L.A. County coronavirus cases top 1,800 with 6 new deaths reported

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A drive-thru coronavirus testing site is seen outside Dodger Stadium on March 27, 2020. (KTLA)

A drive-thru coronavirus testing site is seen outside Dodger Stadium on March 27, 2020. (KTLA)

Los Angeles County health officials reported six more coronavirus-related deaths and another 344 confirmed cases Saturday, bringing the total cases surging past 1,800 as the nation’s most populous county stepped up its testing capacity.

A total of 32 people in the county have died of the respiratory illness as of Saturday and there have been 601 new cases reported over the past 48 hours alone, the L.A. County Department of Public Health said in a news release.

Officials didn’t provide information on the latest deaths as investigations continue but said that five of the deaths reported Friday were all people over the age of 60 who had underlying health conditions.

The County’s 1,804 confirmed cases include 75 in Long Beach and nine in Pasadena, which both have their own public health agencies.

About 22% of all of the county’s COVID-19 patients have needed hospitalization, according to the department.

Gov. Gavin Newsom on Saturday said the number of COVID-19 patients in intensive care units across California jumped 105% overnight, while the number of people hospitalized due to the coronavirus increased 38.6%.

COVID-19 cases in California topped 5,000 Saturday with at least 100 confirmed deaths.

Among those infected were a total of 24 Los Angeles Police Department employees and six Los Angeles Fire Department personnel, city officials said Saturday.

“All of these individuals are self-isolating at home and recovering,” according to a written statement issued by Los Angeles’ Emergency Operations Center.

With a surge in cases threatening to overload local hospitals, state officials have been working on securing more hospital beds and ventilators for patients and protective gear for health care workers, and even helping get doctors and nurses out of retirement to help with the flood of patients.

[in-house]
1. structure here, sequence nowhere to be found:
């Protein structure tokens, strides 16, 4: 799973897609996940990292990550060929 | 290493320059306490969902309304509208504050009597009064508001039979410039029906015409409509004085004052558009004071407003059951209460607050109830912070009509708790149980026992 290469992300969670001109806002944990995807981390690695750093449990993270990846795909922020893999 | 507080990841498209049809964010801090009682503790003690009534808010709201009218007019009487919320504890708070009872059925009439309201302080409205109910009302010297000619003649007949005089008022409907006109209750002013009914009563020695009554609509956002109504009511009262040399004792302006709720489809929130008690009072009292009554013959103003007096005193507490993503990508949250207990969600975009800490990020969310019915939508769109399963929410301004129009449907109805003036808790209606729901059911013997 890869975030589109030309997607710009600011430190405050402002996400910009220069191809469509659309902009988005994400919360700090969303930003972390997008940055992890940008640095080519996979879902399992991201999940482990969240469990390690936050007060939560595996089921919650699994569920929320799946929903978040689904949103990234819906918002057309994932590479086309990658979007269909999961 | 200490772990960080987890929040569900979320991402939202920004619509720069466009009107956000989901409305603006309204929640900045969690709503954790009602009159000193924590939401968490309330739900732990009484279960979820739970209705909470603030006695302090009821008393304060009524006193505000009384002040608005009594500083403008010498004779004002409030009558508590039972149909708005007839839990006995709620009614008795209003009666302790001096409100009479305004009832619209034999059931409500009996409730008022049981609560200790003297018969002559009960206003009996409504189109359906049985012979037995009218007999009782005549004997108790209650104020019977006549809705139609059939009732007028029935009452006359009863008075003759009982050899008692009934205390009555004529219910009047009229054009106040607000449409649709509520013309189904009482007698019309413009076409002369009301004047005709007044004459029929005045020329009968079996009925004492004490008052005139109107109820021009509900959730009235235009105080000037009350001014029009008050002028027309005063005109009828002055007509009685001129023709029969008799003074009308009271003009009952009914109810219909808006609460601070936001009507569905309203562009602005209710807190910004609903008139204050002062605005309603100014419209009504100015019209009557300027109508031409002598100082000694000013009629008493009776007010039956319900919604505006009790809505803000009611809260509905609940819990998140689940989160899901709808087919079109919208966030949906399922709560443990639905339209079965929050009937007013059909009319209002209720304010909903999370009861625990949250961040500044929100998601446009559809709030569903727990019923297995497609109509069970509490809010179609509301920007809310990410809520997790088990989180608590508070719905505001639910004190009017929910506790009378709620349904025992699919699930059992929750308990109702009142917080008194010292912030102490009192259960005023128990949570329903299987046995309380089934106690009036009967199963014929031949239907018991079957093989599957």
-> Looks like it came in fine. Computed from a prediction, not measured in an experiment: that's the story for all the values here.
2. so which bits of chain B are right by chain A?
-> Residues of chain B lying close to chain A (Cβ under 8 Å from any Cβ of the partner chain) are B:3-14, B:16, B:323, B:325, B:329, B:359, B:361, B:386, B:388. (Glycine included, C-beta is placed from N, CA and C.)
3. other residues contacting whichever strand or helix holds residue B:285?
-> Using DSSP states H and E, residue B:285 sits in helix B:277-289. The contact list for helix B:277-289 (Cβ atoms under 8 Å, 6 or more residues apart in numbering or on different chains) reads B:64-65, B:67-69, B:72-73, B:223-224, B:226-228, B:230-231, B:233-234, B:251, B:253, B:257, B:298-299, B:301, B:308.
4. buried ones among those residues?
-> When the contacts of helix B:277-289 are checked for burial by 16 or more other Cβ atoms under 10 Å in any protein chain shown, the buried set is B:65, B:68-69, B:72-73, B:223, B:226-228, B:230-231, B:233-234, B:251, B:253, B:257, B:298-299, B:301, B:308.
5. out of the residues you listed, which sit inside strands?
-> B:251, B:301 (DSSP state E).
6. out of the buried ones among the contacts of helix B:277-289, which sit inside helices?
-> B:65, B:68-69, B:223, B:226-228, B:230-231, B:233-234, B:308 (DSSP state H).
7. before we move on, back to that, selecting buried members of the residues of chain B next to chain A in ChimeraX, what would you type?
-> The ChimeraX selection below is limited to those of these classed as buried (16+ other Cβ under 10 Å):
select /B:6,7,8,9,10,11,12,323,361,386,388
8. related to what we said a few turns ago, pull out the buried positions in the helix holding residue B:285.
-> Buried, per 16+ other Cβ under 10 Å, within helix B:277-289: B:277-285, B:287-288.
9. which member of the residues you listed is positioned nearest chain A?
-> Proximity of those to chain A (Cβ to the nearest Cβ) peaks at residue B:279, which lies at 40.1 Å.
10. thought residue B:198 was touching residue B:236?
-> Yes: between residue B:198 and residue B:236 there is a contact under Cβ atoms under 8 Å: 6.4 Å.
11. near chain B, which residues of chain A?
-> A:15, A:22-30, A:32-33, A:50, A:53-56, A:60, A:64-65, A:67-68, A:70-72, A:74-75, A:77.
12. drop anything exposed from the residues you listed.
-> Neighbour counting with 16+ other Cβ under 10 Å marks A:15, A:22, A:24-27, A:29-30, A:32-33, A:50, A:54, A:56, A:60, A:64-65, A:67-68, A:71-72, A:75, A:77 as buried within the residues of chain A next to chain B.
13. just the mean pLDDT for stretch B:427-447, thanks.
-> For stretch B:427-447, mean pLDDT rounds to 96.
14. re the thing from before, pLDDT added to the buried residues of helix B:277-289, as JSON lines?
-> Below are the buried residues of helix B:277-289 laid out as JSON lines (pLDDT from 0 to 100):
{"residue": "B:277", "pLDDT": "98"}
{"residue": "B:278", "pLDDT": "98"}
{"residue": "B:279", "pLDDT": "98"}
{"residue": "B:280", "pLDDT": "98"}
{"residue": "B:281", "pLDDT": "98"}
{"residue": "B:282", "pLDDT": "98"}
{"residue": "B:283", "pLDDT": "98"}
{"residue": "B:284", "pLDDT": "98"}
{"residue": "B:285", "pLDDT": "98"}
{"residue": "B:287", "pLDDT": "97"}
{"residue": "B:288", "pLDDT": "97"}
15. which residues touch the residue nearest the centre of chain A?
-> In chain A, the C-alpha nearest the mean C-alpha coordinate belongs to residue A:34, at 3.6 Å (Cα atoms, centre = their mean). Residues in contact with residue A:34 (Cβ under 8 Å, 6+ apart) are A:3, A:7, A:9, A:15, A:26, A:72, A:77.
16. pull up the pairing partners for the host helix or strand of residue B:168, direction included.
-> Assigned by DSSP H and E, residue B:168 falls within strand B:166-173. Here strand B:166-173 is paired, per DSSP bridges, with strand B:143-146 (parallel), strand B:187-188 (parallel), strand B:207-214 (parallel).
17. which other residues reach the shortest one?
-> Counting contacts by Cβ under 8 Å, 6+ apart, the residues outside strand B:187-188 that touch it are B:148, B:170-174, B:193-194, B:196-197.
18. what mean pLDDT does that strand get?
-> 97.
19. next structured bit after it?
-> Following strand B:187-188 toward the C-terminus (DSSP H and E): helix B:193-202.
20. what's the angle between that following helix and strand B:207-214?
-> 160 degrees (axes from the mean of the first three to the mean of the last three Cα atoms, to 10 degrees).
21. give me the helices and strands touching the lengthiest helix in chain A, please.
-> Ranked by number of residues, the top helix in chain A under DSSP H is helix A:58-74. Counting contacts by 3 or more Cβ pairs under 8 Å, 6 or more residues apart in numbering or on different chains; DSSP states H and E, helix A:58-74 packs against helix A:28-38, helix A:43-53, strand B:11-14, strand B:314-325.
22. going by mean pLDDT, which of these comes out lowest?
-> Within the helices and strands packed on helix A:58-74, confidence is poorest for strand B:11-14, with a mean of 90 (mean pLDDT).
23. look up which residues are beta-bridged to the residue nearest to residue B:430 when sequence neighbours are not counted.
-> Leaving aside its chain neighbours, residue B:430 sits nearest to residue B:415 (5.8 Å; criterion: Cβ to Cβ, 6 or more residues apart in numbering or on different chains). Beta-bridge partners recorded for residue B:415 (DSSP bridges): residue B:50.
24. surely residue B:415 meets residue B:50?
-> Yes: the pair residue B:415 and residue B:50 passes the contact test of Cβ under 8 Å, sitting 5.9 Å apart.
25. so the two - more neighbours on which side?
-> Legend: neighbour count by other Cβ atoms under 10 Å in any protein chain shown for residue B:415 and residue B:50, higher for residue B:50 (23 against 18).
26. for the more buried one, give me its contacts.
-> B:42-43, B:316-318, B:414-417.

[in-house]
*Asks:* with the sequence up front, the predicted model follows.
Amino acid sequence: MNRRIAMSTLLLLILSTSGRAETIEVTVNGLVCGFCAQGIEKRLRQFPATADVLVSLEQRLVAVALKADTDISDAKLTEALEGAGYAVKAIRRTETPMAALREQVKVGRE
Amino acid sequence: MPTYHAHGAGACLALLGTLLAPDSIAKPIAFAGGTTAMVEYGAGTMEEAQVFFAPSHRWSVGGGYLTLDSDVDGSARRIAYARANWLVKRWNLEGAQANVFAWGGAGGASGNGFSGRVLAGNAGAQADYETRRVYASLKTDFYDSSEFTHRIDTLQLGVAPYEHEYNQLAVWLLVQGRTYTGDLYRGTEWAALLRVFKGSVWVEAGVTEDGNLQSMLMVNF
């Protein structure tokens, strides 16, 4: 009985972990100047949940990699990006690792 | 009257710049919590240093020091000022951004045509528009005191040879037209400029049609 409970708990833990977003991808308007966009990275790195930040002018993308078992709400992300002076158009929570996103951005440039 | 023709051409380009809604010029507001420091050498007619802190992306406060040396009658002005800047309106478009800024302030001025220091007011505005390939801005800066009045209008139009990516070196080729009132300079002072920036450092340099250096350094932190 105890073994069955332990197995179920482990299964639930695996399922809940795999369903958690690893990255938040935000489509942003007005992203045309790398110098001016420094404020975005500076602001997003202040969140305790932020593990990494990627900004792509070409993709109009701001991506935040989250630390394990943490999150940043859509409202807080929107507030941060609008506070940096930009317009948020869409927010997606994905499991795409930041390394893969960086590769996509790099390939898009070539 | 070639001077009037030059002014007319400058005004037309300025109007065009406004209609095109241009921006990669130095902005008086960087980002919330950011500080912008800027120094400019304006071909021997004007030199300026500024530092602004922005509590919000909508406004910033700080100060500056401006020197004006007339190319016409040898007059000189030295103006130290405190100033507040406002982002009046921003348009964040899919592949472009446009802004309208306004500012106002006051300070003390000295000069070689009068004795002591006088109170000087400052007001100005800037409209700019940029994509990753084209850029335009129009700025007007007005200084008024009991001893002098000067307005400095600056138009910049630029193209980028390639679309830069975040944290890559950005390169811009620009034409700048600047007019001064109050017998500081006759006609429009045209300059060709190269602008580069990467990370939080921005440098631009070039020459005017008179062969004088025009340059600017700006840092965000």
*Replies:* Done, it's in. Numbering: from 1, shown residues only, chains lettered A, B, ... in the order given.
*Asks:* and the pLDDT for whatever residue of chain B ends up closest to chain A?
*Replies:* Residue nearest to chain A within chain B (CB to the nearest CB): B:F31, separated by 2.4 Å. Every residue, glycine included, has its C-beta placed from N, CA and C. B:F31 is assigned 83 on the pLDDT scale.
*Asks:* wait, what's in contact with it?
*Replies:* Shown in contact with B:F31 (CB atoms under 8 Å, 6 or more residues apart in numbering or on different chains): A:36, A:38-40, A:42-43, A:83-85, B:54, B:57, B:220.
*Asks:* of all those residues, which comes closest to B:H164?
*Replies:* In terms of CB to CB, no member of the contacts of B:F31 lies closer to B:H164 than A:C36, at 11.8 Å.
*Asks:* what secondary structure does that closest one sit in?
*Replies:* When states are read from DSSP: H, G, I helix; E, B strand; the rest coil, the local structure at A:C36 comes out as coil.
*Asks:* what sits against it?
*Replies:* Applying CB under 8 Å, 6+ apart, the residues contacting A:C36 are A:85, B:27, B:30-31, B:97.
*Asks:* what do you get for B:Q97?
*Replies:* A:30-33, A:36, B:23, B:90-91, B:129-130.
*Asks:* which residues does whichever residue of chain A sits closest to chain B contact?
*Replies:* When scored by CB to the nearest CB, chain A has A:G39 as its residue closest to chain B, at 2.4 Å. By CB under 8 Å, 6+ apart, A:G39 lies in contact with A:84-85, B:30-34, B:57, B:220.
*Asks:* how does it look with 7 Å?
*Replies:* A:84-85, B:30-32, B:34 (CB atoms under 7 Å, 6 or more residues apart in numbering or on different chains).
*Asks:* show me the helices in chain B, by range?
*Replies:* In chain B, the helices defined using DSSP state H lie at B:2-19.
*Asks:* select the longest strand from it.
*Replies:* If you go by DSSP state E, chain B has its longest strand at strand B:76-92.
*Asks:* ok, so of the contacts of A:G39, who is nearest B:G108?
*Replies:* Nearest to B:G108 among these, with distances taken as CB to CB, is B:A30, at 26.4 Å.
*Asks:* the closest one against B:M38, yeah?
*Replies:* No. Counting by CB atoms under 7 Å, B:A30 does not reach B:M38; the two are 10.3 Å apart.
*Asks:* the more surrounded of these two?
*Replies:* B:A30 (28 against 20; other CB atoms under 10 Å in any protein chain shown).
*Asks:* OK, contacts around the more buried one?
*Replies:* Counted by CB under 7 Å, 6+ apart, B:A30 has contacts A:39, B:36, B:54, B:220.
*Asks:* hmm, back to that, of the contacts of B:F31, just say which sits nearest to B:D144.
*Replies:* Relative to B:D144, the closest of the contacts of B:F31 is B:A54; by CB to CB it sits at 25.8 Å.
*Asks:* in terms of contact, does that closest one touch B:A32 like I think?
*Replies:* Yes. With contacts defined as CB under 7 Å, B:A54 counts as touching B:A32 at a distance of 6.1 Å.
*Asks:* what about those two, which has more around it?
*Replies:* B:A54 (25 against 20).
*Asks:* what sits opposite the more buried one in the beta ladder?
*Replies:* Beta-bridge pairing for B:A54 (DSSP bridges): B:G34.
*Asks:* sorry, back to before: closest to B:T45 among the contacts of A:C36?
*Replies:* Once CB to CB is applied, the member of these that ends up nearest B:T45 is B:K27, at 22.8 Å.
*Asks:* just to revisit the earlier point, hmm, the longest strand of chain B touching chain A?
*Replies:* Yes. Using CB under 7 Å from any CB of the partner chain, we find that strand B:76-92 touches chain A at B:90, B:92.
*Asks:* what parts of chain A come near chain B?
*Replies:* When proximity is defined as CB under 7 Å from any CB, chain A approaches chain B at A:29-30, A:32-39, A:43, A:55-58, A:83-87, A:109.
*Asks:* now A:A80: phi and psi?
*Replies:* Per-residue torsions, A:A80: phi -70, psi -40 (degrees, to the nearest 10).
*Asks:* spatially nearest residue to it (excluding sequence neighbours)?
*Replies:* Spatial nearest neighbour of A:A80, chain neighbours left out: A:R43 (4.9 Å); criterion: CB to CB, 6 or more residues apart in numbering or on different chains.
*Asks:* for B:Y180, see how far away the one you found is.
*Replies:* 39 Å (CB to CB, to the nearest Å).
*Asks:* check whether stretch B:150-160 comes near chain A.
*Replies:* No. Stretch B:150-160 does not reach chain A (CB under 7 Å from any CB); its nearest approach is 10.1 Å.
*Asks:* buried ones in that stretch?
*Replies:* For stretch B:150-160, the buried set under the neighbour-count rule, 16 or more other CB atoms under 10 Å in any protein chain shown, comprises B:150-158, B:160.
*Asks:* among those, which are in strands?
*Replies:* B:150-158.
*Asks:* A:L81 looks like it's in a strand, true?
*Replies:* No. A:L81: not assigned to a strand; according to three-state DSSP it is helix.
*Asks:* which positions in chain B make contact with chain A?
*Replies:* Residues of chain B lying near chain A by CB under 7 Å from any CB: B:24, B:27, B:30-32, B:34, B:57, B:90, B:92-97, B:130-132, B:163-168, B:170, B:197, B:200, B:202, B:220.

A 1,000-bed U.S. Navy hospital ship, the USNS Mercy, arrived at the Port of Los Angeles Friday, becoming the city’s largest hospital. The ship will take in patients that don’t have COVID-19 in an effort to provide relief to local hospitals.

L.A. city and county officials said they are working on increasing coronavirus testing capacity but L.A. County Public Health Director Dr. Barbara Ferrer said Friday that testing remains limited and residents need to adhere to stay-at-home orders and practice social distancing to curb the spread of the virus.

After people were seen congregating at L.A. County’s beaches last weekend, the county ordered all beaches to close in an effort to reduce crowding.

“More than ever, it is crucial that we practice social distancing, and if we are sick, even with mild illness, we make every effort to self-isolate from others for at least 7 days,” Ferrer said in a written statement. “Please do your part to not infect others or become infected yourself by adhering to the public health directives and practicing social distancing whenever you do go outside,” Ferrer said.

Correction: A previous version of this story provided an incorrect number for deaths in the state. This story has been updated.

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